Last week, the new provincial government in British Columbia (B.C.) put some meat on the bones of its promise to “use every tool in the tool box” to stop Kinder Morgan’s Trans Mountain Expansion pipeline. It’s the latest indication that together we can stop risky tar sands pipelines.

Burrard Inlet, where Kinder Morgan would increase oil tanker traffic by seven-fold. Photo credit: Travis Lupick, The Georgia Strait

 

The Kinder Morgan pipeline would triple the capacity of tar sands crude flowing from Alberta to Burnaby, B.C. It would increase oil tanker traffic off the Vancouver coast by seven-fold. And it would enable tar sands expansion equivalent to adding 2.7 million cars to our roads every year.

The federal government approved Kinder Morgan in November 2016 and continues to support the pipeline. The new NDP B.C. government, in cooperation with the B.C. Green Party, assumed power this summer after a tight election. Both parties made stopping Kinder Morgan a key election promise.

Last Thursday, B.C.’s Attorney General and Minister of Environment and Climate Change announced that the province will not allow Kinder Morgan to start pipeline construction on public and First Nations lands until Indigenous groups are adequately consulted. With construction planned to start next month, the announcement is a big setback for Kinder Morgan and a victory for Indigenous rights.

The pipeline, and its review by the National Energy Board (NEB), has been plagued by controversy and fierce opposition. British Columbians and many First Nations along the pipeline route have spoken loudly and clearly against Kinder Morgan for years. There are 18 court challenges against the project.

The B.C. government is now applying as an intervenor in these legal challenges, bringing the full power of a provincial government to the federal courts. The province hired a legendary Indigenous rights lawyer, Thomas Berger, to provide advice on how B.C. can protect its land, water, air and communities from Kinder Morgan and work toward reconciliation with First Nations.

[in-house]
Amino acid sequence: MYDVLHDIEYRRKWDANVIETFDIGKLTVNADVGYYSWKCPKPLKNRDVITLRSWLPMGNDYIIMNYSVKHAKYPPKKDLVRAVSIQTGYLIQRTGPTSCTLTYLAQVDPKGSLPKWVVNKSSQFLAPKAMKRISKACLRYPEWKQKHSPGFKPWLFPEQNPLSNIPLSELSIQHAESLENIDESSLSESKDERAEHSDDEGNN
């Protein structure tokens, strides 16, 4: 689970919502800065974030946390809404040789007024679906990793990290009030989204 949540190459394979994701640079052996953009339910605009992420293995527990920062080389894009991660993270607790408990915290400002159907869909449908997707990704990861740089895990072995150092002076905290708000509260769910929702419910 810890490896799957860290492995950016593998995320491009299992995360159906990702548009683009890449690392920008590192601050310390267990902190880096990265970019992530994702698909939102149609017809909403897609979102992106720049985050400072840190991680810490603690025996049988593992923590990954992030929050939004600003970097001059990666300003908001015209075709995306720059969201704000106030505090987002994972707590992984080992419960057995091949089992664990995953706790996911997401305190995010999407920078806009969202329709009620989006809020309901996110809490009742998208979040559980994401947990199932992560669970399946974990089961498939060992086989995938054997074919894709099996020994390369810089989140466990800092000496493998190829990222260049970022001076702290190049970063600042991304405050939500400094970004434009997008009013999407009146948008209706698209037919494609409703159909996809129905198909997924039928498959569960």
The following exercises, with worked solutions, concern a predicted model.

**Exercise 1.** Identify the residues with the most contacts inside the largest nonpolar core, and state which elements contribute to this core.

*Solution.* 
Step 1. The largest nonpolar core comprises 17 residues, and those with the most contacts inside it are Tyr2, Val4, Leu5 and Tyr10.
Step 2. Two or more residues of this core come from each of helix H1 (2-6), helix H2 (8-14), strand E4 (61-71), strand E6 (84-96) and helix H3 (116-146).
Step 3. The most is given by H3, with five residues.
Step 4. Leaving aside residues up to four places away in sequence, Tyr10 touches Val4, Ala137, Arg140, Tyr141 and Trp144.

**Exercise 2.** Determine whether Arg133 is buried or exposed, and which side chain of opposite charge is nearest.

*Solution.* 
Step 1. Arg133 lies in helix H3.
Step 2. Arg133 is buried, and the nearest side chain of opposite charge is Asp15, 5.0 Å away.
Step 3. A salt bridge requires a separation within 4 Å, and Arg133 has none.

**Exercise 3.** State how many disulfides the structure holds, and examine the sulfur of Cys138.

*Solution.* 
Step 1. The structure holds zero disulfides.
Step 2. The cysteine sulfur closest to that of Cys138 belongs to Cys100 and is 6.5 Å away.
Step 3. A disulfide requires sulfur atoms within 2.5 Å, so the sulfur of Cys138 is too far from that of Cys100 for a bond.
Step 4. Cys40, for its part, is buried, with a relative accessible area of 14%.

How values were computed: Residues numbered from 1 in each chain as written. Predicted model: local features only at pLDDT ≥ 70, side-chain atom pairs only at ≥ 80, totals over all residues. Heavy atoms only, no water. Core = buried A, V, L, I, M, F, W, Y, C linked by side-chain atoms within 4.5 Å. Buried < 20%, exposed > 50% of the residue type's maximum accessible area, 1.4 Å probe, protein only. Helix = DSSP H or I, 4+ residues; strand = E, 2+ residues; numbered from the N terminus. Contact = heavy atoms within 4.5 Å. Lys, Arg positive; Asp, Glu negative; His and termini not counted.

Berger, a former B.C. Supreme Court judge, best known for his work raising the concerns of Indigenous peoples against a giant pipeline across Canada’s North in the 1970s, literally wrote the book on stopping pipelines. His appointment is a symbolic warning that B.C. is serious about stopping Kinder Morgan.

The B.C. government is setting a high bar for consultation with Indigenous groups, withholding provincial permits Kinder Morgan needs to start construction until the company shows that First Nations have been meaningfully consulted. B.C. made it clear that pipeline construction on public and First Nations lands is illegal until these permits are granted.

This announcement is just the beginning, as the provincial government is working to identify additional steps it can take to block and delay Kinder Morgan construction.

The news from B.C. is a big setback for Kinder Morgan. But the company is intent on starting construction on private land next month. And the federal government remains committed to the pipeline.

The B.C. government’s stand against Kinder Morgan is big news that could prove pivotal in winning the fight against Kinder Morgan. And it shows that governments respond when we take action together.

So let’s take a moment to celebrate, before re-doubling our efforts to stop risky tar sands pipelines.

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